Twombly and Iqbal at the State Level

46 Pages Posted: 27 Apr 2017

See all articles by Roger Michalski

Roger Michalski

University of Oklahoma - College of Law

Abby K. Wood

University of Southern California Gould School of Law

Date Written: June 2017

Abstract

This article contributes to the empirical literature on pleading standards by studying the effect of Twombly and Iqbal at the state level. States account for the majority of civil litigation, yet they are understudied doctrinally and empirically. When we consider pleading at the state level, we can leverage differences across space and time in a way that is impossible with studies of federal courts. Using an array of principled empirical approaches on the best available data, we find no evidence that raising pleading standards affected plaintiff behavior. We observe no decrease in filings and no significant change in complaint length, number of claims, or number of amended complaints. For defense strategy and judicial responses, we find no increase in motions to dismiss and no increase in the grant rate on motions to dismiss, though these findings are more tentative, given data limitations. We conduct our analysis by comparing Nebraska, a state that raised its pleading standards, with as many as 12 comparison states, none of which raised their pleading standards over the years 2006–2013.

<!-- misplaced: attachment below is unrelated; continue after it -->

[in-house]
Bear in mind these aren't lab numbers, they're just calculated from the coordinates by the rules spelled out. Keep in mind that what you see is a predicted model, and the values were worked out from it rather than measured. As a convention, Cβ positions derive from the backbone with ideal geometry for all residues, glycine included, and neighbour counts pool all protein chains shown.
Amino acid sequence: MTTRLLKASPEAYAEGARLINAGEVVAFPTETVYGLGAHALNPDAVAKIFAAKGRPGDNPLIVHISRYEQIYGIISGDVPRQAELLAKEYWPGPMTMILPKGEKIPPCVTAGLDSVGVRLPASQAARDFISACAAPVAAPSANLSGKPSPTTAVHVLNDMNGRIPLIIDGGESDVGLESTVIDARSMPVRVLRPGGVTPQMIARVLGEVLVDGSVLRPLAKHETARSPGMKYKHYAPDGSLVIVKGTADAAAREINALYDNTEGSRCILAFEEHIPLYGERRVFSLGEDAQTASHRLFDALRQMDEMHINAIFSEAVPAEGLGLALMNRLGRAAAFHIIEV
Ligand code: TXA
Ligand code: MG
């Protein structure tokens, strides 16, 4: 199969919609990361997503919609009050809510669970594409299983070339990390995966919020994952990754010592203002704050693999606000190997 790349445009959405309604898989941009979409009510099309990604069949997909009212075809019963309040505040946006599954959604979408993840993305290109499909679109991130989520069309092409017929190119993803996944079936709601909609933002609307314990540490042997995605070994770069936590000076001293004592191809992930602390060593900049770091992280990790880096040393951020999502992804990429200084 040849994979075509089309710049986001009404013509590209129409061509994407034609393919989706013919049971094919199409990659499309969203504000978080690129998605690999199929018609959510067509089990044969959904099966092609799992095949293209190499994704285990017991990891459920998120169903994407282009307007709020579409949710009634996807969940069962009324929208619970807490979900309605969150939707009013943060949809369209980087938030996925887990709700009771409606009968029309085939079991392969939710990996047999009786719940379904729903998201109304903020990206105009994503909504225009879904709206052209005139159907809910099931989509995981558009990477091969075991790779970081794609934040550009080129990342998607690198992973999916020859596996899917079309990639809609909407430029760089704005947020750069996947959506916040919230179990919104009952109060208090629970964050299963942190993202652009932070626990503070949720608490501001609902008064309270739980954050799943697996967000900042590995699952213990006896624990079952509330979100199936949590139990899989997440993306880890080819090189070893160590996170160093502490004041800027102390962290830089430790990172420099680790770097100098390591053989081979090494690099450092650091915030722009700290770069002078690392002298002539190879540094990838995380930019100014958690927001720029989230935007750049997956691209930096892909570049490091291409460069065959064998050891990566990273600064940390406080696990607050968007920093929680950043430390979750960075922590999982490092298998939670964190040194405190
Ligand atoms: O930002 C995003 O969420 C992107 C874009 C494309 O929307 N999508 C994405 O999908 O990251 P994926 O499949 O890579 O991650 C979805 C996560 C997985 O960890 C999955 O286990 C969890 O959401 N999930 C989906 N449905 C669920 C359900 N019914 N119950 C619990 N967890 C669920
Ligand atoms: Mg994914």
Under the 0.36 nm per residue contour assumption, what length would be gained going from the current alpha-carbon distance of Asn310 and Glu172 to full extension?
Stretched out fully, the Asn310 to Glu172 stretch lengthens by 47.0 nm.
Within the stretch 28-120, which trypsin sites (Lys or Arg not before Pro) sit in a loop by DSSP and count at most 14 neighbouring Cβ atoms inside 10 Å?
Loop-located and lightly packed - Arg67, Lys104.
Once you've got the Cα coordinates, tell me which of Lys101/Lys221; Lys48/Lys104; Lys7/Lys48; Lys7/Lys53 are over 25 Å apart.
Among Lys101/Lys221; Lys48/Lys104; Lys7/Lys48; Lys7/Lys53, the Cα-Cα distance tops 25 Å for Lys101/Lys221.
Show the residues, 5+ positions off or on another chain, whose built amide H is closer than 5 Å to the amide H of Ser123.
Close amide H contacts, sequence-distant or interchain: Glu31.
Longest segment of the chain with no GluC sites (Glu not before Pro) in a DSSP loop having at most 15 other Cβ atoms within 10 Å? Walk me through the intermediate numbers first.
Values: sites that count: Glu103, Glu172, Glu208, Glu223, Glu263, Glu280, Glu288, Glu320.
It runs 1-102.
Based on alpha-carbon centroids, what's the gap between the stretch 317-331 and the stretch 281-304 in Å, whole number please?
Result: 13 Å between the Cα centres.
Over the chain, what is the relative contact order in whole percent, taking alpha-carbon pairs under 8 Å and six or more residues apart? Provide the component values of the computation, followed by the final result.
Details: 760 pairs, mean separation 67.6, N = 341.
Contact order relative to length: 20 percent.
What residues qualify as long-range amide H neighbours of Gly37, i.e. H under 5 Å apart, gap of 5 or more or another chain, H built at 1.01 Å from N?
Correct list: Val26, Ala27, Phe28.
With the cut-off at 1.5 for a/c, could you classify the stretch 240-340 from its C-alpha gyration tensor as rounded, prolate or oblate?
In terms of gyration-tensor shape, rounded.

Suggested Citation

Michalski, Roger and Wood, Abby K., Twombly and Iqbal at the State Level (June 2017). Journal of Empirical Legal Studies, Vol. 14, Issue 2, pp. 424-469, 2017, Available at SSRN: https://ssrn.com/abstract=2959109 or http://dx.doi.org/10.1111/jels.12152

Roger Michalski (Contact Author)

University of Oklahoma - College of Law ( email )

300 Timberdell Road
Norman, OK 73019
United States

Abby K. Wood

University of Southern California Gould School of Law ( email )

699 Exposition Boulevard
Los Angeles, CA 90089
United States

HOME PAGE: http://weblaw.usc.edu/contact/contactInfo.cfm?detailID=71046

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